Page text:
A recent study of the impact of nitrogen supply on cannabinoids and terpenoid levels identified the optimal level for cannabis plant application. Researchers at The Hebrew University of Jerusalem examined the chemical and functional-physiology phenotyping at the flowering stage. Plants received five Nitrogen treatments of 30, 80, 160, 240, and 320 mg L−1 (ppm) in a controlled environment. The study found that 160mg L−1 N is most effective for yield quantity or increased biomass. However, cannabinoid and terpenoid concentration levels were highest under the deficient concentration of 30 mg L−1 N. As Nitrogen applications increased from 30 to 320 mg L−1 N, Tetrahydrocannabinolic acid (THCA) and cannabidiolic acid (CBDA) decreased by 69% and 63% respectively.
Other research studies have shed light on the impact of nitrogen on cannabinoids in hemp grown outdoors. North Carolina State University hemp researchers are in the second year of a multi-year, multi-location, project to evaluate the impact of nitrogen supply on hemp’s THC and CBD percentages. Nitrogen was applied to outdoor hemp in 50-pound increments, and researchers recorded growth index measurements and analyzed tissue samples. Preliminary findings from the initial year determined Nitrogen affected CBD and THC concentrations, but these levels varied across the study’s four different cultivation plots. This variation among plots suggests a need for nutrient recommendations that take into consideration local environmental factors (humidity, water supply, etc.) that also affect Nitrogen absorption. No nitrogen was applied to the control plot, and control plants were smaller with increased leaf discoloration (yellowing) due to Nitrogen depletion. In the plot given 200 pounds of Nitrogen, plants were larger in size with green, healthy leaves.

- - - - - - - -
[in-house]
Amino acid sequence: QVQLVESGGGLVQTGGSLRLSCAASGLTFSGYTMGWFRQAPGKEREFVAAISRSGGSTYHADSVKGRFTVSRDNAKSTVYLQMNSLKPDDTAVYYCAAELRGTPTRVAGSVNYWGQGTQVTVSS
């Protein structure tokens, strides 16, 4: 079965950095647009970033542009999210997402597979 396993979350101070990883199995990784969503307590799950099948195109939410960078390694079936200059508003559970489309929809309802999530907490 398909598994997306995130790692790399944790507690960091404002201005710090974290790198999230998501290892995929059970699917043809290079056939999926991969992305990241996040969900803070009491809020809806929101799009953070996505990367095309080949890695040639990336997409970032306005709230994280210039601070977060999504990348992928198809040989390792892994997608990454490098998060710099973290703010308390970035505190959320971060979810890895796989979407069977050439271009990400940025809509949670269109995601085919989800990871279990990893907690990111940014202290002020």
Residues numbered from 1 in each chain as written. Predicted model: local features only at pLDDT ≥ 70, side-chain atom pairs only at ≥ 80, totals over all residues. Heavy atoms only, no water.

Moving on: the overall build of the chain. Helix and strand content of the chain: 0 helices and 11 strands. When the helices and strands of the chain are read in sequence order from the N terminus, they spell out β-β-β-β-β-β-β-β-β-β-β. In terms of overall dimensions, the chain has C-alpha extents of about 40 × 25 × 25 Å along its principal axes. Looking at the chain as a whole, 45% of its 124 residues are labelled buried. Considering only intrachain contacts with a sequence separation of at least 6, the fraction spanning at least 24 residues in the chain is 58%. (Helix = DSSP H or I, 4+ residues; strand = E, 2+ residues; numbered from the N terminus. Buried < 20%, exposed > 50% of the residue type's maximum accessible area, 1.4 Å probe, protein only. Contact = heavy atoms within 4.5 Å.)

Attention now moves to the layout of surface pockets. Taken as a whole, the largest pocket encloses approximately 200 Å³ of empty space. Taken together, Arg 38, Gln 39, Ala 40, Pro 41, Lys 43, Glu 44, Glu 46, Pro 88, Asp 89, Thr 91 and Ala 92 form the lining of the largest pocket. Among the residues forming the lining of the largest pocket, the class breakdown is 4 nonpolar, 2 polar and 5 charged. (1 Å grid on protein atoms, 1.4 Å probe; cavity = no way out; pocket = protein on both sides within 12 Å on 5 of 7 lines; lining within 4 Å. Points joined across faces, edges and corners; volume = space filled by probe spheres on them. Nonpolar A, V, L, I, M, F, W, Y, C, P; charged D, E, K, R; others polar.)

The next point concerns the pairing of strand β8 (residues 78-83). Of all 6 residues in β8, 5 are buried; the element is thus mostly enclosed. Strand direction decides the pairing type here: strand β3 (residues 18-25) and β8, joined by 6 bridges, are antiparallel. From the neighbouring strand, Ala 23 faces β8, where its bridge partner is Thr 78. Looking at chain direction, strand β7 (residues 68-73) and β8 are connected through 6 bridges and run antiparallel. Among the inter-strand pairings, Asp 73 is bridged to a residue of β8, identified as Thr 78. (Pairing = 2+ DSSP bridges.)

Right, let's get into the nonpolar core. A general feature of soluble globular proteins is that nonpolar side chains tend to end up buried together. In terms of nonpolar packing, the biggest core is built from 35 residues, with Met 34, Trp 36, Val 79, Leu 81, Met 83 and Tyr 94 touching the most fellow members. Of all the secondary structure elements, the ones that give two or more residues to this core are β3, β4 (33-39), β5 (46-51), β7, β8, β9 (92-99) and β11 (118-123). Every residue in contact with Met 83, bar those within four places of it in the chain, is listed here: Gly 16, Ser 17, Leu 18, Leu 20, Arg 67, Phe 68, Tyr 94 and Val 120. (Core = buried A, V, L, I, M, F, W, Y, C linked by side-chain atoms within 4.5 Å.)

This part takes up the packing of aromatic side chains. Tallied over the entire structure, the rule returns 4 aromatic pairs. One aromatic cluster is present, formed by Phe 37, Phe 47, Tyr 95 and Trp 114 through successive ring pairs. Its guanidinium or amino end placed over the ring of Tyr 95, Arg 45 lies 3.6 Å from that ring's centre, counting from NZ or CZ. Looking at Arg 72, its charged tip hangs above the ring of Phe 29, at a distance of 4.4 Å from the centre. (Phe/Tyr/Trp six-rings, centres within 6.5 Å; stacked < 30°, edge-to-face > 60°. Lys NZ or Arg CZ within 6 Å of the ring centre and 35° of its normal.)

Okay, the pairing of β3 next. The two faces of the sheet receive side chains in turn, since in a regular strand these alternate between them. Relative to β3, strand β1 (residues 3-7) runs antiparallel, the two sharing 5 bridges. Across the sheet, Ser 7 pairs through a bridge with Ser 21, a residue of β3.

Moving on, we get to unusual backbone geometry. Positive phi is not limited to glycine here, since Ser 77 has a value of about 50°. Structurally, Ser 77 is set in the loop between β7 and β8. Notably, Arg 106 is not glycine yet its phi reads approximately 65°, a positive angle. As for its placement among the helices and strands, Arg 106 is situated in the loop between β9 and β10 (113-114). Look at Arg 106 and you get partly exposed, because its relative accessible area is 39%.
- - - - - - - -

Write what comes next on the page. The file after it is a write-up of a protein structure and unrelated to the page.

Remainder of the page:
The University of Vermont’s 2019 Hemp Flower Nitrogen Fertility Trial offered insights into how Nitrogen affects cannabinoid production. The study compared the effects of 75 pounds, 125 pounds, and 150 pounds of Nitrogen per acre on cannabinoid levels. The 75-pound Nitrogen rate had the highest values for prominent terpenes including alpha-pinene, beta-myrcene, beta-pinene, camphene, cis-betaocimene, and terpinolene. The findings from these cannabis research studies suggest that smaller or moderate amounts of Nitrogen supply may be a key factor in engineering cannabinoid and terpenoid production.